I woke up this morning and rolled over into childs pose and took conscious deep breaths and stretched. After stretching myself awake I got up and lit an incense (sandalwood today), boiled just enough water for a cup of tea as well as a cup of plain hot water to help the toxins flush out of my body. Then I brushed my teeth, took a shower and drank the hot water as I made breakfast. Oatmeal again, with cinnamon, cardamom, tulsi and raisins as well as a boiled egg with cumin on the side that I had boiled the day before. I finished the hot water and made a cup of tulsi tea with honey. Then I sat down and ate it all while reading more of the Jois book, "Yoga Mala".
After that I sat there a while and closed my eyes and meditated until I felt that I had meditated enough. I got ready and grabbed my things and jumped on my scooter and drove to the school. When I got there I was apparently late, but not really. Everyone was just really early. The room was packed though. 70+ people, mats maybe four inches apart. I found room and then made more room for two more students. My neighbor to the right was a 9-10 year old boy. Quite possibly the most flexible little thing I've ever seen. Very good at yoga. Very serious. He's obviously been practicing a few years. To my left was another flexible little thing. An Asian woman that was tiny and strong. Seeing these people work around me by the way, it didn't make me feel less about myself... I'm proud of them and what they have accomplished physically through yoga. It's inspiring to be surrounded by such strong individuals.
When my teacher, Saraswathi Jois came out everyone stood up so I did too. See, there isn't much direction here. They don't hand out a manual or textbook. They don't really offer much in the way of direction at all. You just join a group of yogi's in a room and follow along...
The room began chanting something I hadn't heard before. It's common for most people to start to beat themselves up about not knowing a mantra or a pose or this or that. I've found overtime and throughout my practice as well as throughout my time as a teacher, that it really doesn't do you any good to beat yourself up for not knowing something just yet or because you aren't able to do a pose easily at the moment. I think it's important to just smile and tell yourself, "this is the first step"... and then take that step courageously.
So... I just smiled and told myself that I'd learn it someday. Mantra and chants aren't necessarily taught... did you know that? Traditionally, you just listen and over time you pick it up. So I listened and participated when I could vocally, and then spiritually the rest of the time. At some point though I heard something familiar though and my heart soared! The student teacher chant! (I've shared it with you below... and you can click on the button and scroll down to hear it sung).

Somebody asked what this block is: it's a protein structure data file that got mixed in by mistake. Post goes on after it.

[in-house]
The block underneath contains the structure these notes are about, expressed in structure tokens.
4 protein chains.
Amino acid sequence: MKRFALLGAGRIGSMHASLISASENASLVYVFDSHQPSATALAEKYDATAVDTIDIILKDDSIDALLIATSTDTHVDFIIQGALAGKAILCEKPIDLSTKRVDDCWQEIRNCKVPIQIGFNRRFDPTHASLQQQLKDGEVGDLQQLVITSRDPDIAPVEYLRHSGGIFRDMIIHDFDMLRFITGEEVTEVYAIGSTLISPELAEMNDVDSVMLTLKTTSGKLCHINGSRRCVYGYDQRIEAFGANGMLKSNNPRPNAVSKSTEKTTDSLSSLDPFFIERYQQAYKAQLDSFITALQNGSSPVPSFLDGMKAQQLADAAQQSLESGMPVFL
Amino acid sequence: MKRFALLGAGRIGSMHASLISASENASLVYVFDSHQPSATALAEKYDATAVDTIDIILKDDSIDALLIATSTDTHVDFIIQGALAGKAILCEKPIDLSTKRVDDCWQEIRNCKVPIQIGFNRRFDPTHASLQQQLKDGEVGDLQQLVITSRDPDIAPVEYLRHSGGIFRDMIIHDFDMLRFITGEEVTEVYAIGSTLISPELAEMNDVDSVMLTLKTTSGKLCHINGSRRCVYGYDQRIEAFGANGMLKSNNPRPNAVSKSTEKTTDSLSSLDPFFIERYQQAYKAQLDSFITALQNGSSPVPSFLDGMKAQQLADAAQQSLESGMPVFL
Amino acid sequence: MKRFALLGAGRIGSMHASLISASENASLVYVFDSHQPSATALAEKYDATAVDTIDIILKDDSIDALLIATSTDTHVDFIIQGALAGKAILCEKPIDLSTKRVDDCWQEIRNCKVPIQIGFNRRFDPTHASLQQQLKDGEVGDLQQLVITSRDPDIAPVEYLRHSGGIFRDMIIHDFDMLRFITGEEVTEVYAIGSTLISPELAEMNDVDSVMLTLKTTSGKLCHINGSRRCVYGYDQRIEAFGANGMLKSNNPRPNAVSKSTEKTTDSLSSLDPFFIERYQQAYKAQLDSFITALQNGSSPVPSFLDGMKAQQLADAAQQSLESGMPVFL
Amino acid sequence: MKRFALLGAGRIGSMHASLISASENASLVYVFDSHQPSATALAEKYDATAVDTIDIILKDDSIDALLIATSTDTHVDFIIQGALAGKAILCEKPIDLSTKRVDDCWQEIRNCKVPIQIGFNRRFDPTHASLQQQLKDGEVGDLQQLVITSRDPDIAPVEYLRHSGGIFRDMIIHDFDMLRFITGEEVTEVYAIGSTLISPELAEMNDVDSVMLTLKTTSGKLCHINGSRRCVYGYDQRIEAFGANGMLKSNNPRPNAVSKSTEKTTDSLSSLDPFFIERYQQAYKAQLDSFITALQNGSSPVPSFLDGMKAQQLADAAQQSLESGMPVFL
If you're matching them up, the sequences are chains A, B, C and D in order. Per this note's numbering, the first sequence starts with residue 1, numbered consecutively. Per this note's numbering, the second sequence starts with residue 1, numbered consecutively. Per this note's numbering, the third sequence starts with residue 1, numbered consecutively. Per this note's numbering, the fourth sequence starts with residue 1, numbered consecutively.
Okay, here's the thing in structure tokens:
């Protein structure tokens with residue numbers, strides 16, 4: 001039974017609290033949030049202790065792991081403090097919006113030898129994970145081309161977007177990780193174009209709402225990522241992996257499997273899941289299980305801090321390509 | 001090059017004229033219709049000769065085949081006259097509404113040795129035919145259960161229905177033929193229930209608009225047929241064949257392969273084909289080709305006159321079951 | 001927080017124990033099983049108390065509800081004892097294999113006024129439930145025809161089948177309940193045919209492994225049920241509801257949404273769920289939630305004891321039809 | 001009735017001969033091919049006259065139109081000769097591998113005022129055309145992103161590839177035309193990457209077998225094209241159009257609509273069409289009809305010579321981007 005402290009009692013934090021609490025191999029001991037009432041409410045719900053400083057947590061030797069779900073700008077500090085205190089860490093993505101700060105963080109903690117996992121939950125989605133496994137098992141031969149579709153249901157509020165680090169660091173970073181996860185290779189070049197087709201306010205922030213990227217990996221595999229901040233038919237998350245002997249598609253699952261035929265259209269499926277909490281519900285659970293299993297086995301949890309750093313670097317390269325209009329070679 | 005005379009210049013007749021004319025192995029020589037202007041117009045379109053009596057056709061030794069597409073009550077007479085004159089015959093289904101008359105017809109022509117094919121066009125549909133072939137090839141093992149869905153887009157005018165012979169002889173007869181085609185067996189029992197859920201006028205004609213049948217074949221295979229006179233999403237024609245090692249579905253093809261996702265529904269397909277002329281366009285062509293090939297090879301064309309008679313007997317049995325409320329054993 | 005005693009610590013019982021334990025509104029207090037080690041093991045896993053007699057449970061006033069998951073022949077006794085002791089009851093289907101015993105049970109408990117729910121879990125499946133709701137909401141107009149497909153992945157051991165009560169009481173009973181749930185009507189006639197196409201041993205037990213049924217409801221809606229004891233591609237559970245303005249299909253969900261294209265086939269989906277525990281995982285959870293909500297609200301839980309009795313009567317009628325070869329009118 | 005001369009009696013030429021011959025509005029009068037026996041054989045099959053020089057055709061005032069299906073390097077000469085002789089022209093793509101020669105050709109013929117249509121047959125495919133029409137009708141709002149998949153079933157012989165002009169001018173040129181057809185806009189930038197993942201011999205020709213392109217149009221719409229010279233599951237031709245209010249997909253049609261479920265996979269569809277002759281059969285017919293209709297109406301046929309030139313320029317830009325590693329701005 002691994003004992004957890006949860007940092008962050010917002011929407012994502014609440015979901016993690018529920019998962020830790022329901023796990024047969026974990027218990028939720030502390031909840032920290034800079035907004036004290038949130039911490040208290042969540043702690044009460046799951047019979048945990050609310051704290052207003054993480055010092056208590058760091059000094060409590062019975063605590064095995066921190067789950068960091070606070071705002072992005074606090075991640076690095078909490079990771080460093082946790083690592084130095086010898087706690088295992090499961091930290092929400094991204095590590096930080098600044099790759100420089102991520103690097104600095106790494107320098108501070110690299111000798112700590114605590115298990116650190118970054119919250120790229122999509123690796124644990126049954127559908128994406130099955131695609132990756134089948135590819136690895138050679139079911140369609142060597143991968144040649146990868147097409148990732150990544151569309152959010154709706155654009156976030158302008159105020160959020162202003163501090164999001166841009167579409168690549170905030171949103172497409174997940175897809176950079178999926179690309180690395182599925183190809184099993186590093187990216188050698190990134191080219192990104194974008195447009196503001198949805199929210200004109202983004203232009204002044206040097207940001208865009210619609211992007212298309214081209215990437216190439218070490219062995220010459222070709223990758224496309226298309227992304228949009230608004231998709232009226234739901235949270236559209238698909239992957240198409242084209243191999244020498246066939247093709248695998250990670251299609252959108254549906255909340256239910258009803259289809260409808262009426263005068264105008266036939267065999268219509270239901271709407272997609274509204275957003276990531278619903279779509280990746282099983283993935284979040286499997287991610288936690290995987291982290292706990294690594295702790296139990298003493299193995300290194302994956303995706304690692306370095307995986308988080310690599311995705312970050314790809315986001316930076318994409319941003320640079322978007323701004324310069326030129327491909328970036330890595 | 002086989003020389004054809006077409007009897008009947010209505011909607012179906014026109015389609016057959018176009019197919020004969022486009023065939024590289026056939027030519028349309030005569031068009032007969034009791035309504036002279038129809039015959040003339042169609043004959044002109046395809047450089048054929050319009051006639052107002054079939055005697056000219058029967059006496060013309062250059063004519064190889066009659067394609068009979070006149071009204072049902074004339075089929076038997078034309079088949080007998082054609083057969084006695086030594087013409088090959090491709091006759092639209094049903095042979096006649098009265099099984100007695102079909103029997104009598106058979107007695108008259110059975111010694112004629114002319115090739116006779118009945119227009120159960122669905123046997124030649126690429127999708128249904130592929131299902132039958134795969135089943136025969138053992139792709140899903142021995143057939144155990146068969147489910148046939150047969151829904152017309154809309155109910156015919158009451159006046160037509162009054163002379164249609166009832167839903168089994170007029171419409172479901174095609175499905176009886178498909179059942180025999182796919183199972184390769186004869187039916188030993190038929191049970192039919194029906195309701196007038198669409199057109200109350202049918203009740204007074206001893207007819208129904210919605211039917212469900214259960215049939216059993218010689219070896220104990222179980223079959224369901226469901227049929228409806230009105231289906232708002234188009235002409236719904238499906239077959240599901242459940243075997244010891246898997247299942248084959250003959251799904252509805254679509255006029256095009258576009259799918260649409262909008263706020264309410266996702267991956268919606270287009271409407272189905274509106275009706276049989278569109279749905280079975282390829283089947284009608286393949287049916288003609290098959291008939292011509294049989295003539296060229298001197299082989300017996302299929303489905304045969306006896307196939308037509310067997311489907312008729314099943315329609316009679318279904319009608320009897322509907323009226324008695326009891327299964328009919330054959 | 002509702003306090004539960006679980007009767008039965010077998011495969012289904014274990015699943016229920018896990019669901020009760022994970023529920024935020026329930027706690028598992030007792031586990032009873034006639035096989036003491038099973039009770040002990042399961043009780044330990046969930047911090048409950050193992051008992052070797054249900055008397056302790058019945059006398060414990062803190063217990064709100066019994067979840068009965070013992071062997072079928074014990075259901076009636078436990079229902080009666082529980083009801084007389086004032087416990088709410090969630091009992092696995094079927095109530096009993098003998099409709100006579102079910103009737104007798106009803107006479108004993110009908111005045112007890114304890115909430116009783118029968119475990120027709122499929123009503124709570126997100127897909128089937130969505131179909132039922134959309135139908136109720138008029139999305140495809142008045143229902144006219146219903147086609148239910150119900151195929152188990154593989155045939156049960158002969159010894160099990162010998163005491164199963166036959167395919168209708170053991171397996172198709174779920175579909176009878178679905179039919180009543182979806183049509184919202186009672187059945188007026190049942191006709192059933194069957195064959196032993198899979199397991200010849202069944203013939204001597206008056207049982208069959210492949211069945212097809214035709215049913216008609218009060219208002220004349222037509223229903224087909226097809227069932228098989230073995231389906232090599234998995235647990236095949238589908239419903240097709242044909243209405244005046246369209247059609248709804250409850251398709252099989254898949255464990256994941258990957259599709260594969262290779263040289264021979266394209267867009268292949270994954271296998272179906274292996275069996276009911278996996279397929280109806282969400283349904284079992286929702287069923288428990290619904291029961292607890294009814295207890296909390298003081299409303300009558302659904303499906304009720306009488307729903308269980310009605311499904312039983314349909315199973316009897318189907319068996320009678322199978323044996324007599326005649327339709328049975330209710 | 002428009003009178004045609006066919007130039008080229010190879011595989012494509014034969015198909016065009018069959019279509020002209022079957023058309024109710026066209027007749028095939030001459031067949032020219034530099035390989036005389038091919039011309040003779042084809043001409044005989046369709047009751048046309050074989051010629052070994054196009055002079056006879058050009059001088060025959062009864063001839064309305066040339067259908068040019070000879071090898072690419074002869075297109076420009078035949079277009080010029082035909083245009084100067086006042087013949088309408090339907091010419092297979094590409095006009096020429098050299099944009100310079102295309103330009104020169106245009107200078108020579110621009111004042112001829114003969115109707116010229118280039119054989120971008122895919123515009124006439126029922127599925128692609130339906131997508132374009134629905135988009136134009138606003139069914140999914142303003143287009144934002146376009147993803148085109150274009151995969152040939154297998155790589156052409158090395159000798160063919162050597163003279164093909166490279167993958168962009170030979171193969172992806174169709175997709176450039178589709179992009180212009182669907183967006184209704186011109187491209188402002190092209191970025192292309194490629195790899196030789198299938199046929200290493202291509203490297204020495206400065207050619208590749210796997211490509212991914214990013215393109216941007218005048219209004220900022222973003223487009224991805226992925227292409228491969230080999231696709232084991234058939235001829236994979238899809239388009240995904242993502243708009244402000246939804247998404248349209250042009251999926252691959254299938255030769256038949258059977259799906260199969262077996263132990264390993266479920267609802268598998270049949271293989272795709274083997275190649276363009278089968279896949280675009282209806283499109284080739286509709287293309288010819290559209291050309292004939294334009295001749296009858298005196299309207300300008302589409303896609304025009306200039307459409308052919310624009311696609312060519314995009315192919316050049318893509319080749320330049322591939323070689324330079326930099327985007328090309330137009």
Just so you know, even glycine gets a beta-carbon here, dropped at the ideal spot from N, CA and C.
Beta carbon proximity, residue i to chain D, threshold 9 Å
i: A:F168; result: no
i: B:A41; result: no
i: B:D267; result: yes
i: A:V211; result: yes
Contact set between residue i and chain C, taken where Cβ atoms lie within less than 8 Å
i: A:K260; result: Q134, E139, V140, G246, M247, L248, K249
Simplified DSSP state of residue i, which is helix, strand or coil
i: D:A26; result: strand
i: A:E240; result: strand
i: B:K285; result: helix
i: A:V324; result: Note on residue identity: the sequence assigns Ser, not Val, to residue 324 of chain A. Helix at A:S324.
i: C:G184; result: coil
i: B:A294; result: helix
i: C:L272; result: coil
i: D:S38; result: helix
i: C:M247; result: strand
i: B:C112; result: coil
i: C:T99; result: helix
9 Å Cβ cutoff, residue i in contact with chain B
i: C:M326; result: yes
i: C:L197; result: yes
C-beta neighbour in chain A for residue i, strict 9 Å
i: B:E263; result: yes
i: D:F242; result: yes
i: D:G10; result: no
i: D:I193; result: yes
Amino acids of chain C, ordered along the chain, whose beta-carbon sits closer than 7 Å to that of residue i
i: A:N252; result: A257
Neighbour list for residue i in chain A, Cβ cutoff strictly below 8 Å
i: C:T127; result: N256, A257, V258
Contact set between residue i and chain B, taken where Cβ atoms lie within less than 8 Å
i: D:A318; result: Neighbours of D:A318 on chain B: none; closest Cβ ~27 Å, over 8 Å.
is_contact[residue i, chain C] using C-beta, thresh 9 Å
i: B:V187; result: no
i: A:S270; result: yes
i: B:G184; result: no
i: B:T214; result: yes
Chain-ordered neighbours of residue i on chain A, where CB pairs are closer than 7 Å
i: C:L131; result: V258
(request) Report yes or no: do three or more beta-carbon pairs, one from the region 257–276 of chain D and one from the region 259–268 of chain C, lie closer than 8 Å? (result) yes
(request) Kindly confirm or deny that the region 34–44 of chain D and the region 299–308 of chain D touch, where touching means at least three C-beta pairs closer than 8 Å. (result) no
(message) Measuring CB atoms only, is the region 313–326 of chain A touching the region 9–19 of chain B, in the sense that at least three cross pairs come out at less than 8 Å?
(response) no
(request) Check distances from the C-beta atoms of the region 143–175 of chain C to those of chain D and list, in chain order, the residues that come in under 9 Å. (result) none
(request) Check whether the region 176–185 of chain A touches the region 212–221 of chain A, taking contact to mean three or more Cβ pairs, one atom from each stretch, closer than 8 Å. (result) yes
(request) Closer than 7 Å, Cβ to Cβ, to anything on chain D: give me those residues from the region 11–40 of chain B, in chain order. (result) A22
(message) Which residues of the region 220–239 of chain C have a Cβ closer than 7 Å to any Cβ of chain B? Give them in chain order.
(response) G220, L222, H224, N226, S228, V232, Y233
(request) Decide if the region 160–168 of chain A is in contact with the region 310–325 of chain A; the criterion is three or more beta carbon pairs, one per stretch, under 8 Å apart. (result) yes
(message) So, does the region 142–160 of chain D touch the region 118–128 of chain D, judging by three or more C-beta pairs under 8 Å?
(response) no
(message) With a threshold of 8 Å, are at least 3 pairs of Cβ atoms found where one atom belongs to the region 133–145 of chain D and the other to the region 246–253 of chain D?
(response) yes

ॐ स॒ह ना॑ववतु । स॒ह नौ॑ भुनक्तु ।
स॒ह वी॒र्यं॑ करवावहै ।
ते॒ज॒स्वि ना॒वधी॑तमस्तु॒ मा वि॑द्विषा॒वहै॑ ॥
ॐ शान्ति॒ः शान्ति॒ः शान्ति॑ः ॥
om saha nāvavatu
saha nau bhunaktu
saha vīryaṃ karavāvahai
oṃ śāntiḥ śāntiḥ śāntiḥ
May we be protected together. May we be nourished together.
May we work together, uniting our strength for the good of humanity. May our learning be luminous and purposeful. May there be no hostility between us.
Om peace, peace, peace.
Then the class moved onto the secondary series. This section includes advanced binds, handstands, arm balances and the like. At some point Saraswati asked if there were any new students and if so they should stop here and raise their hands. No one raised their hands. She asked, "Really, no new students?" I raised my hand. "How many poses do you know?" "Quite a few," I answered. She nodded... "Continue".
I continued and I'll tell you, I put my body in the weirdest binds ever and my ankle went places it's never gone before and I've never held lotus pose for so long!
Finally and thankfully at some point she said to me and a few other people, "Stop here, rest... watch." I did... I was sweating buckets but my breath was never once short and for this I'll admit I felt some pride. After a short time she asked others to stop and watch... to rest or to do this or that... and then when it was time for bridge pose she brought us all back into the practice.
It was difficult at first to sit still. An asana would occur and I couldn't help thinking to myself, "But I can do that!"... finally I just let go and watched and enjoyed resting. I am definitely going to be sore tomorrow, but I'm looking forward to being in that room again with all of these yogi's, breathing in unison, practicing as one. I feel so grateful that I'm here. This place truly does make my heart soar. There's something amazing about being in a room and listening to the group inhale deeply together... exhale fully together... it creates an energetic connection between us all. I feel so alive. Present. Aware.
I've been practicing yoga for almost 10 years now, and maybe I am a slow learner but nothing came without consistent hard work. I admit I could sit here and beat myself up. I could let my pride get in the way. I could NOT practice Ahimsa emotionally and mentally... but instead I think I'll keep telling myself as I watch these amazing yogis around me and as they twist and turn themselves into little pretzels, that I may not be able to do that pose right now, but I will be able to do it someday... and that truly, what's most important to remember, is that it isn't the asana that is the reward, but the experience inside the journey of this practice... and I'll smile and patiently wait.